As shown in the figure, gas 17 increased to a prescribed pressure by compressor 19 is controlled to a prescribed dew point by the air dryer, and is supplied through supply pipe 30. Inflow gas 17, of which supply and shut-off is controlled by valve 12, passes through purge meter 13 that measures a flow rate of gas 17. Thereafter, gas 17 is adjusted by speed controller 16 to the flow rate that would not contaminate the wafer. After passing through a first filter 14 (first dust control means) and a second filter 15 (second dust control means), the gas is sprayed onto the surface of semiconductor wafer 5 as sprayed gas 18. Foreign particles (dust) within gas 17 are removed (captured) by first filter 14 (first dust control means) and second filter 15 (second dust control means) provided in a plurality of stages, and thus, sprayed gas 18 is sprayed as the gas of high cleanliness. It is noted that speed controller 16 and purge meter 13 may be configured with flow rate control means (flow rate control device) such as a MFC 31 (mass flow controller) or the like, serving as both the flow rate measuring means and the flow rate variable means, as shown in FIG. 5. This allows gas 17 to be supplied at a stable flow rate with accuracy, without being affected by variation in pressure of compressor 19. Accordingly, the cooing performance by sprayed gas 18 is stabilized, and thermal destruction of foreign particles can be suppressed effectively, and thus, coordinate repeatability of the foreign particles improves.

The set value of the flow rate of gas 17, controlled by MFC 31, is set in a freely changeable manner via a setting screen provided on display means (not shown) formed with a CRT or flat panel display, using input means (input unit) 5 (not shown) formed with a keyboard, touch panel, mouse or the like. The input set value is registered to CPU or processing device 21. CPU or processing device 21, based on the flow rate set value, controls via MFC 31 such that the prescribed flow rate of gas 17 is maintained in a stable manner.

FIG. 6 shows a flow rate setting screen of the present embodiment. It is configured such that the set value of flow rate supplied from gas spraying unit 1 can be input, via an input device 520, to a flow rate set value input space 33 that is displayed on the setting screen 32 provided on the display means (display device). The flow rate of gas 17 is controlled in the above-described manner, based on the set value.

Although the flow rate of gas 17 is set via input space 33 in the present embodiment, not limited to input space 33, it may be set via another screen opened with an icon or button provided on the setting screen. Any screen enabling setting of at least the set value of flow rate of gas 17 may be used.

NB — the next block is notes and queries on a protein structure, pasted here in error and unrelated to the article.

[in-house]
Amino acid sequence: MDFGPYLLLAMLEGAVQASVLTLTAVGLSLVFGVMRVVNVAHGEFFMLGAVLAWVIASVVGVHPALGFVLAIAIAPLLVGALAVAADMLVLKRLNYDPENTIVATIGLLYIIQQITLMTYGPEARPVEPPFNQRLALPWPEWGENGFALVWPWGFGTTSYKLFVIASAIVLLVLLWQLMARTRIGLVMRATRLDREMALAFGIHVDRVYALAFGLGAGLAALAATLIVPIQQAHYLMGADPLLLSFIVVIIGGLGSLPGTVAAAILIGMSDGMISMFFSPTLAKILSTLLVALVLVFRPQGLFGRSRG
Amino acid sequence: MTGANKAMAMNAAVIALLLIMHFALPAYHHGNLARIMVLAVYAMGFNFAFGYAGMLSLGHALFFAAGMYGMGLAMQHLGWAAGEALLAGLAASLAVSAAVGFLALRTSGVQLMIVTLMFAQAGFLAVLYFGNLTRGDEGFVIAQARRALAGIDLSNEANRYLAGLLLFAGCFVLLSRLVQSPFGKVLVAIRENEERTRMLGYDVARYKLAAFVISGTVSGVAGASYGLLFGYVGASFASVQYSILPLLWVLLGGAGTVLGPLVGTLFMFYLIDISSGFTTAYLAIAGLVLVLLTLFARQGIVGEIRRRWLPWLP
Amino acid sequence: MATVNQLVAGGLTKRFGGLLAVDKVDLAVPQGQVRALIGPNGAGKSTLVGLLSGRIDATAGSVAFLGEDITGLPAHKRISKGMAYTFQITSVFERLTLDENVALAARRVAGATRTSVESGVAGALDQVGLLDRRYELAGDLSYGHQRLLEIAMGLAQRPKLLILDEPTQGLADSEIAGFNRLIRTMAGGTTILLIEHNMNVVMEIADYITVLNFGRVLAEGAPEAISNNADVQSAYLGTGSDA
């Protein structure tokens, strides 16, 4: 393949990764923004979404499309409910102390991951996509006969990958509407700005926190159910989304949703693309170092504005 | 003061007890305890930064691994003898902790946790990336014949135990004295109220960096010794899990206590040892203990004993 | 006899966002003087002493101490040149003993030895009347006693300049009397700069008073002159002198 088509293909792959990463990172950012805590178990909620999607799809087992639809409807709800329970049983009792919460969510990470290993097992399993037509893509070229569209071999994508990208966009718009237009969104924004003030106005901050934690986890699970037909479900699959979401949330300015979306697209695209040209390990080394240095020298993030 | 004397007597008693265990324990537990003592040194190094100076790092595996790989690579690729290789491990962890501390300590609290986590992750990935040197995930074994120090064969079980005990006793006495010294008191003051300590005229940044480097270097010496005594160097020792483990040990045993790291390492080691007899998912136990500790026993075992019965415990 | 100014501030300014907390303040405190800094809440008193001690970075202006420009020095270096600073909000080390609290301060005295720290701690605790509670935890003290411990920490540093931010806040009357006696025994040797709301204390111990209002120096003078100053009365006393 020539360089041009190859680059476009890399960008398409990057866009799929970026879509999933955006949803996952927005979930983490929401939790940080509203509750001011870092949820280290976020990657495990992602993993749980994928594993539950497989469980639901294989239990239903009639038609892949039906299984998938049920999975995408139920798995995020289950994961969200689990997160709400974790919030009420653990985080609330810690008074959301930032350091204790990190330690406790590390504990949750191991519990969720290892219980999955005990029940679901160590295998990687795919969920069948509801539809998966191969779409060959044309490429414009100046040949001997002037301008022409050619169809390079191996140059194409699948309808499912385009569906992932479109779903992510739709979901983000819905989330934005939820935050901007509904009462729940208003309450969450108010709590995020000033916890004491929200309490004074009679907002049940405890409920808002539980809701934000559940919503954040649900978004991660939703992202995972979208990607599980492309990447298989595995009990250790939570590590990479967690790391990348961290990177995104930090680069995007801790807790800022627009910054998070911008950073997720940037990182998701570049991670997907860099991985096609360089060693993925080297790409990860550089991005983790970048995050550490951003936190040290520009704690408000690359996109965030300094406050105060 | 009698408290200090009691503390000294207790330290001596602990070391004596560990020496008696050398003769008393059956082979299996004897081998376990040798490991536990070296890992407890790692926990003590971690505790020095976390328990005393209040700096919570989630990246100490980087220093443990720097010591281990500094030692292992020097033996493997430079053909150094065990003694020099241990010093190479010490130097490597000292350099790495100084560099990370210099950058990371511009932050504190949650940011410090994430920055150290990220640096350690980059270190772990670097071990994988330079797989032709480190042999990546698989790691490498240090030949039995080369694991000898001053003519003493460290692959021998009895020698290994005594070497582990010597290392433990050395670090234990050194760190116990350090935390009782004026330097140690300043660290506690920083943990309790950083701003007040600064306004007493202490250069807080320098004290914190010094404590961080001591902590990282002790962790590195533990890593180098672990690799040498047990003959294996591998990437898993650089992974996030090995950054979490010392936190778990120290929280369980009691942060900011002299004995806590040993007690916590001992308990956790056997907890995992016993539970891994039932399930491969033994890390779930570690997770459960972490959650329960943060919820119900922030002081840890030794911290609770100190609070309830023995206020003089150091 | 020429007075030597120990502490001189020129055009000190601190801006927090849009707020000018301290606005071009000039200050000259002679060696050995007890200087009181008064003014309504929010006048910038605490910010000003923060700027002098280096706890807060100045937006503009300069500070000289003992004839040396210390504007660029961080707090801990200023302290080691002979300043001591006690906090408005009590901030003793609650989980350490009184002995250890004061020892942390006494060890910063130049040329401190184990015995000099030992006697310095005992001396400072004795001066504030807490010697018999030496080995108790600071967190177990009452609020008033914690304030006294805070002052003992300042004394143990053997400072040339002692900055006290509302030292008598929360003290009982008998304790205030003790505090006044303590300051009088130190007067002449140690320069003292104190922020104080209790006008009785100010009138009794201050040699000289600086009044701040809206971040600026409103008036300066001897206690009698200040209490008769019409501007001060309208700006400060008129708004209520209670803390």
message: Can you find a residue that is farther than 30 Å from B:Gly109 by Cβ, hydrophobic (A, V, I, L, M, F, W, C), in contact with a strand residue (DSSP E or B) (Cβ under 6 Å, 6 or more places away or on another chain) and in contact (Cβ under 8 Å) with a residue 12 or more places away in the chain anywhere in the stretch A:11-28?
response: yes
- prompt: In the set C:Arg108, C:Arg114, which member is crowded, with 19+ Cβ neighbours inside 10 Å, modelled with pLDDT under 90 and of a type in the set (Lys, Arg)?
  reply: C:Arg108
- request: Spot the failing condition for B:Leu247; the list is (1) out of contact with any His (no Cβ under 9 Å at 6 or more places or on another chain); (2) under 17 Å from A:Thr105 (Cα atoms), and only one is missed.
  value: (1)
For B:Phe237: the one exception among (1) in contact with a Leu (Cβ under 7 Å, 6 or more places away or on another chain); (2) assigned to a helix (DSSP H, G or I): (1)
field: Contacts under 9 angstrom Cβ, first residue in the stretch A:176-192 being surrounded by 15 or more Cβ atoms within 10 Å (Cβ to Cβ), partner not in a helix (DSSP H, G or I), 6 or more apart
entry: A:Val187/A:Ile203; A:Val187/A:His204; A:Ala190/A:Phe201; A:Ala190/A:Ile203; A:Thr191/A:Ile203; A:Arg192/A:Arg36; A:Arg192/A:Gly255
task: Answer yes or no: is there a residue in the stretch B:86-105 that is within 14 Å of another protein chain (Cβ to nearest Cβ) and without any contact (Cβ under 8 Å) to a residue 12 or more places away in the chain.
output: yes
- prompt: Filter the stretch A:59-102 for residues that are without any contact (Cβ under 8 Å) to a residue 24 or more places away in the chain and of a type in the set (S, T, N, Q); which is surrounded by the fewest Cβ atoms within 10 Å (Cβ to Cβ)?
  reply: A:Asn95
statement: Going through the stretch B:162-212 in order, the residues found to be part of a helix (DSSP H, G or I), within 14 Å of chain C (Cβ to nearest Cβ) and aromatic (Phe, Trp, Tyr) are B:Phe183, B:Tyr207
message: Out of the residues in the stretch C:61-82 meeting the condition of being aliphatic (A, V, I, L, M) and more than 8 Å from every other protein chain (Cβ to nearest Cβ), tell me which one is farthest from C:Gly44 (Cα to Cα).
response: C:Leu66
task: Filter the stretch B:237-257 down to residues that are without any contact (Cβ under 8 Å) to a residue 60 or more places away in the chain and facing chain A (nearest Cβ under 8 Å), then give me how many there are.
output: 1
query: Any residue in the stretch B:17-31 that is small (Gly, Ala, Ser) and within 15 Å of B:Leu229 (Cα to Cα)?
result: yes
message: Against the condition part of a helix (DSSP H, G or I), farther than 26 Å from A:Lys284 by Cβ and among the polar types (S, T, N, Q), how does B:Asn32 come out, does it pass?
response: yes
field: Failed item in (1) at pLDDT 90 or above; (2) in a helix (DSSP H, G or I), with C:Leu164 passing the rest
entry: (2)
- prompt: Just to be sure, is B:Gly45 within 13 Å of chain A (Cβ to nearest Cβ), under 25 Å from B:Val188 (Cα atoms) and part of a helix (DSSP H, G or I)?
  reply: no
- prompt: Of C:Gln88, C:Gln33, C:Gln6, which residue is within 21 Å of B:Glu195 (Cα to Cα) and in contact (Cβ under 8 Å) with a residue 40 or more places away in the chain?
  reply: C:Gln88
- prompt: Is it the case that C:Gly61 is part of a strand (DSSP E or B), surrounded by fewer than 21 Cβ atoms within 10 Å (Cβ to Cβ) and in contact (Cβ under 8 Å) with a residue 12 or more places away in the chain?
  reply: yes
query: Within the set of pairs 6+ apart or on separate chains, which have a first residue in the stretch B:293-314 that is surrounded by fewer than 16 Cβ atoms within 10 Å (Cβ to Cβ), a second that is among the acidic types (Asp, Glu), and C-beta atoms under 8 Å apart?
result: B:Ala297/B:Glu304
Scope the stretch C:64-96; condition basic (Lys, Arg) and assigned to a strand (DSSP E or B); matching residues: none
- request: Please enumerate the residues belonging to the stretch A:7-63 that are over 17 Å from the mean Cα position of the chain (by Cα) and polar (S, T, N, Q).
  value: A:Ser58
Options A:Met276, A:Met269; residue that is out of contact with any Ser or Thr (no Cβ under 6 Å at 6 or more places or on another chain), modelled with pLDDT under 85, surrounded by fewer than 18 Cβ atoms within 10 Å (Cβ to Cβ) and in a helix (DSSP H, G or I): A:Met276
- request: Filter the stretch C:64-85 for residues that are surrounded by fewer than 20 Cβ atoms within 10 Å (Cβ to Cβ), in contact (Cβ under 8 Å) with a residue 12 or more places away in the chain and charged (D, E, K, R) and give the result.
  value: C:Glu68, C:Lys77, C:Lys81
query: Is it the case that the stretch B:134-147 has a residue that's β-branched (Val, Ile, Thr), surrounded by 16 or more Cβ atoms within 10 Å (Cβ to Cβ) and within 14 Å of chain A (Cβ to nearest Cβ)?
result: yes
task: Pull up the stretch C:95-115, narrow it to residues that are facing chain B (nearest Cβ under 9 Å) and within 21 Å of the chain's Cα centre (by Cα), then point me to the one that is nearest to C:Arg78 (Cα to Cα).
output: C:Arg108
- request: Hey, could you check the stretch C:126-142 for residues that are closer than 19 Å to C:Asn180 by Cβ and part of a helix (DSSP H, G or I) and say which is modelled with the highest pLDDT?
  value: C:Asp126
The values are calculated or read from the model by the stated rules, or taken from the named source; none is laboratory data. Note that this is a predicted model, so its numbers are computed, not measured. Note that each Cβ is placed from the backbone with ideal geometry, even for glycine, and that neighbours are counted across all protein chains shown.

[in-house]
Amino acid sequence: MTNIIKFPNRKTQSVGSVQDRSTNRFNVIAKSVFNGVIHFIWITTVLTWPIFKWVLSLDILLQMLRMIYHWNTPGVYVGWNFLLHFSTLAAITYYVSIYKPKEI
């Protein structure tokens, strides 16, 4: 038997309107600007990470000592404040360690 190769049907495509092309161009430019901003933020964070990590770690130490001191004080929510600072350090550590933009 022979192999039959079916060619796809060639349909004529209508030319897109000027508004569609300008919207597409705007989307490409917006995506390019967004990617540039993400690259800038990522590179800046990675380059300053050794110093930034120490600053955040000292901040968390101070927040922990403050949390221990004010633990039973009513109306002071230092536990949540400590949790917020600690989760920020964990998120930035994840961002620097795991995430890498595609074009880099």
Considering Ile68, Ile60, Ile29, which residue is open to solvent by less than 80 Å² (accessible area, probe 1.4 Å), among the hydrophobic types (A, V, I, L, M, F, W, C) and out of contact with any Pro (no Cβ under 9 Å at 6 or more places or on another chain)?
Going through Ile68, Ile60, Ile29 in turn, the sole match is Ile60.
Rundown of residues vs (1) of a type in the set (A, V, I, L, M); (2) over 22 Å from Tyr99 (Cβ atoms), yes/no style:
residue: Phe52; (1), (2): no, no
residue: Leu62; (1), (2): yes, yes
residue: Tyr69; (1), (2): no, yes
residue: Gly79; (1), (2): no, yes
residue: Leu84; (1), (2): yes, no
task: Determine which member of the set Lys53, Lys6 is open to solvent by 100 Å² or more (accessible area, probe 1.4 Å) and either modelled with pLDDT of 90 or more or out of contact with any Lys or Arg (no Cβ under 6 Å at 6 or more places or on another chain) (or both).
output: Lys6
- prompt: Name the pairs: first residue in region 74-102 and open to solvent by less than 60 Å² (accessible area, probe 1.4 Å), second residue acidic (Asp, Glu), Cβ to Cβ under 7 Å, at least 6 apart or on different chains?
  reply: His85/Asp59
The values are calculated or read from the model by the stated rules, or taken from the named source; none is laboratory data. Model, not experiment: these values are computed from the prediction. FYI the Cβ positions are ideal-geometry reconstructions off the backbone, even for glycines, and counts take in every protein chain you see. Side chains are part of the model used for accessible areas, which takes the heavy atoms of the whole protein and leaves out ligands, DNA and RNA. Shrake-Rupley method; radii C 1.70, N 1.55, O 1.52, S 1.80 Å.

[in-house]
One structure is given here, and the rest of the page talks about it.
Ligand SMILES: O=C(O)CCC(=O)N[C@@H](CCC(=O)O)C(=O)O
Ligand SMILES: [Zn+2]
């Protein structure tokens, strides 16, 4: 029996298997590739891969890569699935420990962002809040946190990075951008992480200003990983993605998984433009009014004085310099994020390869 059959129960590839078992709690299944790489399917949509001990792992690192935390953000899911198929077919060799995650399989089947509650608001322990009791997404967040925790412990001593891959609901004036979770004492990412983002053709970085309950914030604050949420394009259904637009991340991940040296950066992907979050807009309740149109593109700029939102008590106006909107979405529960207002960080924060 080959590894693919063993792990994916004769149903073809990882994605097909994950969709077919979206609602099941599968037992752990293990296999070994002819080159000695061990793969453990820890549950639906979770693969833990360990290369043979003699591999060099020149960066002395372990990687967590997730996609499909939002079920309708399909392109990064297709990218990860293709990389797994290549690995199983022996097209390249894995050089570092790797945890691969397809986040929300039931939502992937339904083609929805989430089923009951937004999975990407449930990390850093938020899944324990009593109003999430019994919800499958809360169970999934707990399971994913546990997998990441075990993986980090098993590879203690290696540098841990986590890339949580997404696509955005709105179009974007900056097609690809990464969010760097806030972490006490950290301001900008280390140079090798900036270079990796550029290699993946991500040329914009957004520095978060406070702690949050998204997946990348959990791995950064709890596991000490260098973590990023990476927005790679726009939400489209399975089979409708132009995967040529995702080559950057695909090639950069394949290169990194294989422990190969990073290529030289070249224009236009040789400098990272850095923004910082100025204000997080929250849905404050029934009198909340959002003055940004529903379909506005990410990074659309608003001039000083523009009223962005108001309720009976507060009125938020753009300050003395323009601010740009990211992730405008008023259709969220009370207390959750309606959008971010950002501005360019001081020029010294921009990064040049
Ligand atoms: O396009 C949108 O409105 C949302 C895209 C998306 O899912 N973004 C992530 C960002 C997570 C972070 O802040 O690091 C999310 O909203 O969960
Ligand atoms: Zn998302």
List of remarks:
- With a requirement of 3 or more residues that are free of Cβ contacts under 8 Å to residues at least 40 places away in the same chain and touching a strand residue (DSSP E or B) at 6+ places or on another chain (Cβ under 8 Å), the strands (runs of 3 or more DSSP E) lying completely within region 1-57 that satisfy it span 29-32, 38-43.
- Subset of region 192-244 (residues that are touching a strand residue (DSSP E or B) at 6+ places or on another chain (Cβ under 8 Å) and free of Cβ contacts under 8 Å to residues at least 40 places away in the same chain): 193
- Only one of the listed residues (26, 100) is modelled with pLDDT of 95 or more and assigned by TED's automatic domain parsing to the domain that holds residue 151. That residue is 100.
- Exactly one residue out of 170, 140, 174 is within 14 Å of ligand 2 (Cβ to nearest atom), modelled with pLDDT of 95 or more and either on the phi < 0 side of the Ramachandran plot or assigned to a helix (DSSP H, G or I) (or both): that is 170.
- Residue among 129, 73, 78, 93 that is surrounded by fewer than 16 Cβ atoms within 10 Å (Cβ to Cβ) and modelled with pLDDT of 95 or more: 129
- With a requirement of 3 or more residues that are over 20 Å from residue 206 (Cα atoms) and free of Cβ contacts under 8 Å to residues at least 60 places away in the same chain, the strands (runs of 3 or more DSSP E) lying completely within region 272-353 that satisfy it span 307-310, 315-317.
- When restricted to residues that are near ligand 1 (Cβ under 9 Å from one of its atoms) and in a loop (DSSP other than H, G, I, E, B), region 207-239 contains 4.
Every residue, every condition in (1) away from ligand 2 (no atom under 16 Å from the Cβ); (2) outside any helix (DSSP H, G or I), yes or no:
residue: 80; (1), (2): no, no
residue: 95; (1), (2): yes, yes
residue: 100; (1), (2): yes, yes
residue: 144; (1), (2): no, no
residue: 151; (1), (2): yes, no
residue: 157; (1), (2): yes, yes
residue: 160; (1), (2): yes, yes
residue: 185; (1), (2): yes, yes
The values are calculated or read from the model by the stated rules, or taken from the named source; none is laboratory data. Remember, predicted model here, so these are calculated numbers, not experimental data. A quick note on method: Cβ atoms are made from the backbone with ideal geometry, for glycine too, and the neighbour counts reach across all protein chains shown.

FIGS. 3A and 3B show the effect of suppressing thermal destruction of foreign particles by the gas spraying means.

FIG. 3A shows a map (distribution of foreign particles) of the wafer in the state of occurrence of contamination in a spiral fashion (detection sensitivity: 40 nm or more). It shows that, with the inspection carried out by a conventional method without spraying of gas, foreign particles adherent to the wafer are destroyed by laser irradiation and scattered around the area, which adhere to the wafer in the shape of bands. The foreign particles are distributed in a spiral manner from the inner side toward the outer side, because the inspection was carried out while rotating the wafer, causing the scattered foreign particles to move outward along the flow of the air that occurs from the inner side toward the outer side on the wafer surface during inspection due to viscosity of the air.

FIG. 3B shows a map of the wafer in the state of absence of spiral contamination (detection sensitivity: 40 nm or more). The inspection was conducted under the conditions exactly the same as in FIG. 3A, except that the gas was sprayed onto the laser irradiation area on the wafer.

Spiral contamination as in FIG. 3A has not occurred, showing a significant effect of suppressing thermal destruction of foreign particles by the gas spraying means. It is noted that the inspection was carried out in the following order: (1) perform inspection of the initial state, (2) cause foreign particles to adhere, (3) conduct measurement of FIG. 3B, and (4) conduct measurement of FIG. 3A. That is, FIGS. 3A and 3B are diagrams confirming that the foreign particles are destroyed in the absence of gas spraying, after confirming presence of the gas spraying effect.

FIG. 4 shows the relation between the laser power and the flow rate of sprayed gas having the effect of suppressing destruction of foreign particles, obtained through experiments.

The experimental conditions are as follows:

(1) laser wavelength: 532 nm

(2) laser spot diameter: elliptical shape of 50 μm10 μm

(3) spindle rotational speed: 1500 r/min

(4) stage feed pitch: 20 μm

(5) foreign particle detection sensitivity: 40 nm

(6) inner diameter of gas (air) spraying nozzle: 2.5 mm

(7) evaluated wafer: bare wafer of φ 300 mm

(8) air spraying angle (elevation angle): 23

The experimental methodology is as follows:

(1) Perform measurement of the wafer in the initial state.

(2) Intentionally cause foreign particles that would readily be destroyed (e.g., organic matter) to adhere to the wafer surface.

(3) Perform measurement in the state where air is sprayed onto the portion irradiated with laser.

(4) Perform measurement in the state where air is not sprayed onto the portion irradiated with laser.

(5) Determine that there is the air spraying effect and mark “O” when spiral contamination does not occur in (3) but occurs in (4).

(6) Determine that there is no air spraying effect and mark “X” when spiral contamination occurs in (3).